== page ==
• CINZANO (Italy): The house of Cinzano was first established by Carlo Stefano and his brother Giovanni Cinzano in 1957. Cinzano produces a dry white, a sweet red, a sweet white and a special called Antica.
  • PUNT – e –MES (Italy): This famous Italian vermouth is from the Carpano family of Italy. Punt- E- Mes history begins in 1786, in Pizza Catello in Turin where Antonio Benedetto Carpano, a well respected Bar and Restaurant owner who used to make his vermouth to fit the individual preference of the customer.
  • NOILLY PRAT (France): The house of Noilly Prat was established when Claudius prat joined hands with Louis Noilly in 1843. Both red and white varieties are produced.
  • ST. RAPHAEL (France): The house of St.Raphael was established in 1880 by a  Frenchman Dr. Pierre Jupet. Both red and gold varieties are produced.
  • Some other brands of vermouth are – Martini and Rossi, Stock, Cors, Barbarini, Ricadonna, Boissiere, Duval.

DUBONNET (France): 18% of alcohol, first fermented by Joseph Dubonnet in 1846 in Chambery of France. The red and white varieties of Dubonnet have a semi-dried taste and a full-bodied flavor. It is best when served chilled from the refrigerator or poured over the ice cubes with a twist of lemon.

BYRRH: A proprietary Mistelle based aperitif, which has a ruby red color. Byrrh is best when served with soda over ice.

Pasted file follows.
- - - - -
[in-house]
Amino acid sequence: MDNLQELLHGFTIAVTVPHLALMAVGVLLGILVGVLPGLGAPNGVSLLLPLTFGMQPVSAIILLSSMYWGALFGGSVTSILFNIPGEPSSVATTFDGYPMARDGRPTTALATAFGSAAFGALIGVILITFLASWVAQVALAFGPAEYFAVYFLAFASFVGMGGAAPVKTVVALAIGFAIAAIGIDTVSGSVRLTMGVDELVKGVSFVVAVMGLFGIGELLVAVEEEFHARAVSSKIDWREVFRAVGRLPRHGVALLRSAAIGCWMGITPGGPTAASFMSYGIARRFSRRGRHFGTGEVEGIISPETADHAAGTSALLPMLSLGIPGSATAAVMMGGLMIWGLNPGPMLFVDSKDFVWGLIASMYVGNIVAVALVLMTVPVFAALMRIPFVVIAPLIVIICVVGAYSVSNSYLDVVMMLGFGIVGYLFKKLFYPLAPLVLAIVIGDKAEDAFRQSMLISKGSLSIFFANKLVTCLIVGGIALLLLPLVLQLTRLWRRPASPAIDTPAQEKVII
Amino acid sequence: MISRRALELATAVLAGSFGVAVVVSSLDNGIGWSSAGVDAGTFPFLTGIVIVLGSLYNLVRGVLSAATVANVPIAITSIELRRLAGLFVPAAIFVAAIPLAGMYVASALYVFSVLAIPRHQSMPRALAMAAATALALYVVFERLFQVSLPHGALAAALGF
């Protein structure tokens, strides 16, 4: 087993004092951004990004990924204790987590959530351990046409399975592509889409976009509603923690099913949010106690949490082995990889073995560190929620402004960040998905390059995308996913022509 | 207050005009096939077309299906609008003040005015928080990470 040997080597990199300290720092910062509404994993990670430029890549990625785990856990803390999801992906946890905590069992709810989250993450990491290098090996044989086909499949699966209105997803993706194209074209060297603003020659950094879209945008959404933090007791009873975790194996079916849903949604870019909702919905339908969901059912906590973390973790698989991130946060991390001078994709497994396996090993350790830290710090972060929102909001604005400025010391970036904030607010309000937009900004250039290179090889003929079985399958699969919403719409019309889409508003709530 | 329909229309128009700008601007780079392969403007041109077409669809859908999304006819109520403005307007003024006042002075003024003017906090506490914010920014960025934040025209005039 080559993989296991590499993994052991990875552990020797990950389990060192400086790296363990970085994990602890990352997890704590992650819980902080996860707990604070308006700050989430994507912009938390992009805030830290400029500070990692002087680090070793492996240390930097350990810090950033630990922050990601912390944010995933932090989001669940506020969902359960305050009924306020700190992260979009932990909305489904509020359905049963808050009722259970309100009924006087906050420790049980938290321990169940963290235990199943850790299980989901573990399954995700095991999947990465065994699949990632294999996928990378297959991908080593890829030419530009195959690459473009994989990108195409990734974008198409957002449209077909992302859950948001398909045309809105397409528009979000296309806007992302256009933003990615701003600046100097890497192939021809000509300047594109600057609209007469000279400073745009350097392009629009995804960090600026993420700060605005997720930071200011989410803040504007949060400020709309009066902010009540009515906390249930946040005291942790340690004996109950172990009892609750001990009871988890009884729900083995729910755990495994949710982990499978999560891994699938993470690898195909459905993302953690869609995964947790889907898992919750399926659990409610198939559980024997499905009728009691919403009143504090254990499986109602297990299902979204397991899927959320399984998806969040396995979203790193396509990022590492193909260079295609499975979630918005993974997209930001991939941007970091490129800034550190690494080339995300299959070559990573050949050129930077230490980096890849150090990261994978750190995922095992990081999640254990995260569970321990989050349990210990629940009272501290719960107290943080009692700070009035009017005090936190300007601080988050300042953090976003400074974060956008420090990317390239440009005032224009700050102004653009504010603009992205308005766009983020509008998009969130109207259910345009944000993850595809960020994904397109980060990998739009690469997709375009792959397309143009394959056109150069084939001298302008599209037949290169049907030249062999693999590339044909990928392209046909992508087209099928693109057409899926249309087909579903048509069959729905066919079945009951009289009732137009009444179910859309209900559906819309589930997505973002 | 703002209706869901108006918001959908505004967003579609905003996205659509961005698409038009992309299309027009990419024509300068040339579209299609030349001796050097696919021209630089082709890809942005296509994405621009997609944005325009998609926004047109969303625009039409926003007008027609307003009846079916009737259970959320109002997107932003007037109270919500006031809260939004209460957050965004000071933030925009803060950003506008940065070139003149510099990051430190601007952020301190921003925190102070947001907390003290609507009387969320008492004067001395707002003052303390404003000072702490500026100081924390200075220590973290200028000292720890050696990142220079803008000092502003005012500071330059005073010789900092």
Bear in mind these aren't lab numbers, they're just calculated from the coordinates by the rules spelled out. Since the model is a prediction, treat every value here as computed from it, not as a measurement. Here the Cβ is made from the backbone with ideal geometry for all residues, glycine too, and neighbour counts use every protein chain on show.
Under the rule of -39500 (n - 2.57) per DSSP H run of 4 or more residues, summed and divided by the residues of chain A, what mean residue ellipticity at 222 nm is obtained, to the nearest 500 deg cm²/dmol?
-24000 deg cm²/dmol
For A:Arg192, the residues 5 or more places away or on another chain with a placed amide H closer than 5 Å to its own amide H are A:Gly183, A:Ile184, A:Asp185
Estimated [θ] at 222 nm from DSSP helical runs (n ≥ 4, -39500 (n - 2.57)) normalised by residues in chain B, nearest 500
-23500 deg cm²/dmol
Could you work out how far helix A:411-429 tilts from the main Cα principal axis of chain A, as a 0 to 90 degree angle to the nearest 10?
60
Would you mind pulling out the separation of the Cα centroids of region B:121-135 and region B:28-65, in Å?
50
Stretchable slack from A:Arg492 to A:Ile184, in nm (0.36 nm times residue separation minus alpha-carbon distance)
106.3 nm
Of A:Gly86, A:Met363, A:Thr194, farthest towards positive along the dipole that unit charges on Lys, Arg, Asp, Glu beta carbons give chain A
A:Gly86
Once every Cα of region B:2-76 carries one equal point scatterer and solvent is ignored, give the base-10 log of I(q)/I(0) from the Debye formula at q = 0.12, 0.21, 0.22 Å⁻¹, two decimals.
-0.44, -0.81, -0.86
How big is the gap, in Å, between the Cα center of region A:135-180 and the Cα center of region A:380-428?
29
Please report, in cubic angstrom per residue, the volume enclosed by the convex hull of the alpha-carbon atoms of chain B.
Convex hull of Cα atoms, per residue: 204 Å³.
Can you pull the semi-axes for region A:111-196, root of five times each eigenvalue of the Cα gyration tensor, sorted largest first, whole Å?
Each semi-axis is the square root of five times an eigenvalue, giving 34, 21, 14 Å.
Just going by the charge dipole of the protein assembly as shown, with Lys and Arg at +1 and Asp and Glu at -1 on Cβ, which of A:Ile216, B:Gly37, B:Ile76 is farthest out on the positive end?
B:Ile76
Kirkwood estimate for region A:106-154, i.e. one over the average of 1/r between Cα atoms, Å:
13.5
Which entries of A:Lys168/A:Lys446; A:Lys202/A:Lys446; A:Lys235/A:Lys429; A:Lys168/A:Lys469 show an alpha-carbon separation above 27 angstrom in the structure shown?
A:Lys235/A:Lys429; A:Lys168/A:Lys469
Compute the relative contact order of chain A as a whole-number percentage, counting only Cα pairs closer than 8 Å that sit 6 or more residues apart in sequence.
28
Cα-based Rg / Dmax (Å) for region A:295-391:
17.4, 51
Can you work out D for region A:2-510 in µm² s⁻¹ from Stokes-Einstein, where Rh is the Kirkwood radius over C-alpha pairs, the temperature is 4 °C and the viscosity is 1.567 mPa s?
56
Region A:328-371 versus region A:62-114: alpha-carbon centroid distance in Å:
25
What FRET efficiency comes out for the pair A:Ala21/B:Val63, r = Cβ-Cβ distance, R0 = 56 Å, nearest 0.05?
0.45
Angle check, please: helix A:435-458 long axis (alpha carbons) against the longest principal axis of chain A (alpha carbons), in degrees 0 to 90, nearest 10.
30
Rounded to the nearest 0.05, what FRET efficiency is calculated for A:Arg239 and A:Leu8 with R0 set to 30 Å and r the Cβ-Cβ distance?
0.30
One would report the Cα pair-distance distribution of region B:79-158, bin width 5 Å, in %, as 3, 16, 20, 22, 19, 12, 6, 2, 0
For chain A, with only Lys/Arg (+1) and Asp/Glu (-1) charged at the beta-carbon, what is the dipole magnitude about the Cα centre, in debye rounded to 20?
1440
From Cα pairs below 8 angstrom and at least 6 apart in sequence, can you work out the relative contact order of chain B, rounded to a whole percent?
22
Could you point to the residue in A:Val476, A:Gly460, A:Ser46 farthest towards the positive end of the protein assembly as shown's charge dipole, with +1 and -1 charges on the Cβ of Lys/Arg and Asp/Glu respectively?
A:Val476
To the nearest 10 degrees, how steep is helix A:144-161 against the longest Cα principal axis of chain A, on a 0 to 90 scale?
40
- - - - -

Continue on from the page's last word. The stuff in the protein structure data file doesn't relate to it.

LILLET: Paul and Raymond Lillet founded this term, in 1872 in a small town of Podenrac near Bordeaux. Lillet both red and white is dry and full-bodied. It is best served chilled from a refrigerator or on the rocks with a twist of lemon or slice of orange or with a splash of soda.

MISTELLE: It is also called Muter. These are sweet fortified wines produced by arresting fermentation in the wine by the addition of spirits. This process is called as Mutage. Some Mistelle are used in the production of vermouth and other aperitif wines, whereas other stand-alone as aperitifs.

RATAFIA (France): It is exactly like panache but aged in wooden cask for one year which gives an oxidized taste and color to the final product. US federal regulation prohibits the use of the word Ratafia. Hence domain Chandon calls its Ratafia as panache.

Serving and Storing Aperitifs:  It can be served either at room temperature or chilled or with plenty of fresh ice. The shelf life of the aperitifs opened and unrefrigerated is not more than 3 weeks. Therefore opened bottles are refrigerated and should be consumed within 6 weeks.

BITTERS These are the alcoholic beverages produced from distilled spirit in which bitters roots, herbs peel, etc. are incorporated & whose strength is not less than 15% v/v. The word aperitif is derived from the Latin word “aperire” which means to open. Bitter is known as Amora in Italy. They are supposed to soothe & relax the stomach after meals & aid the process of digestion.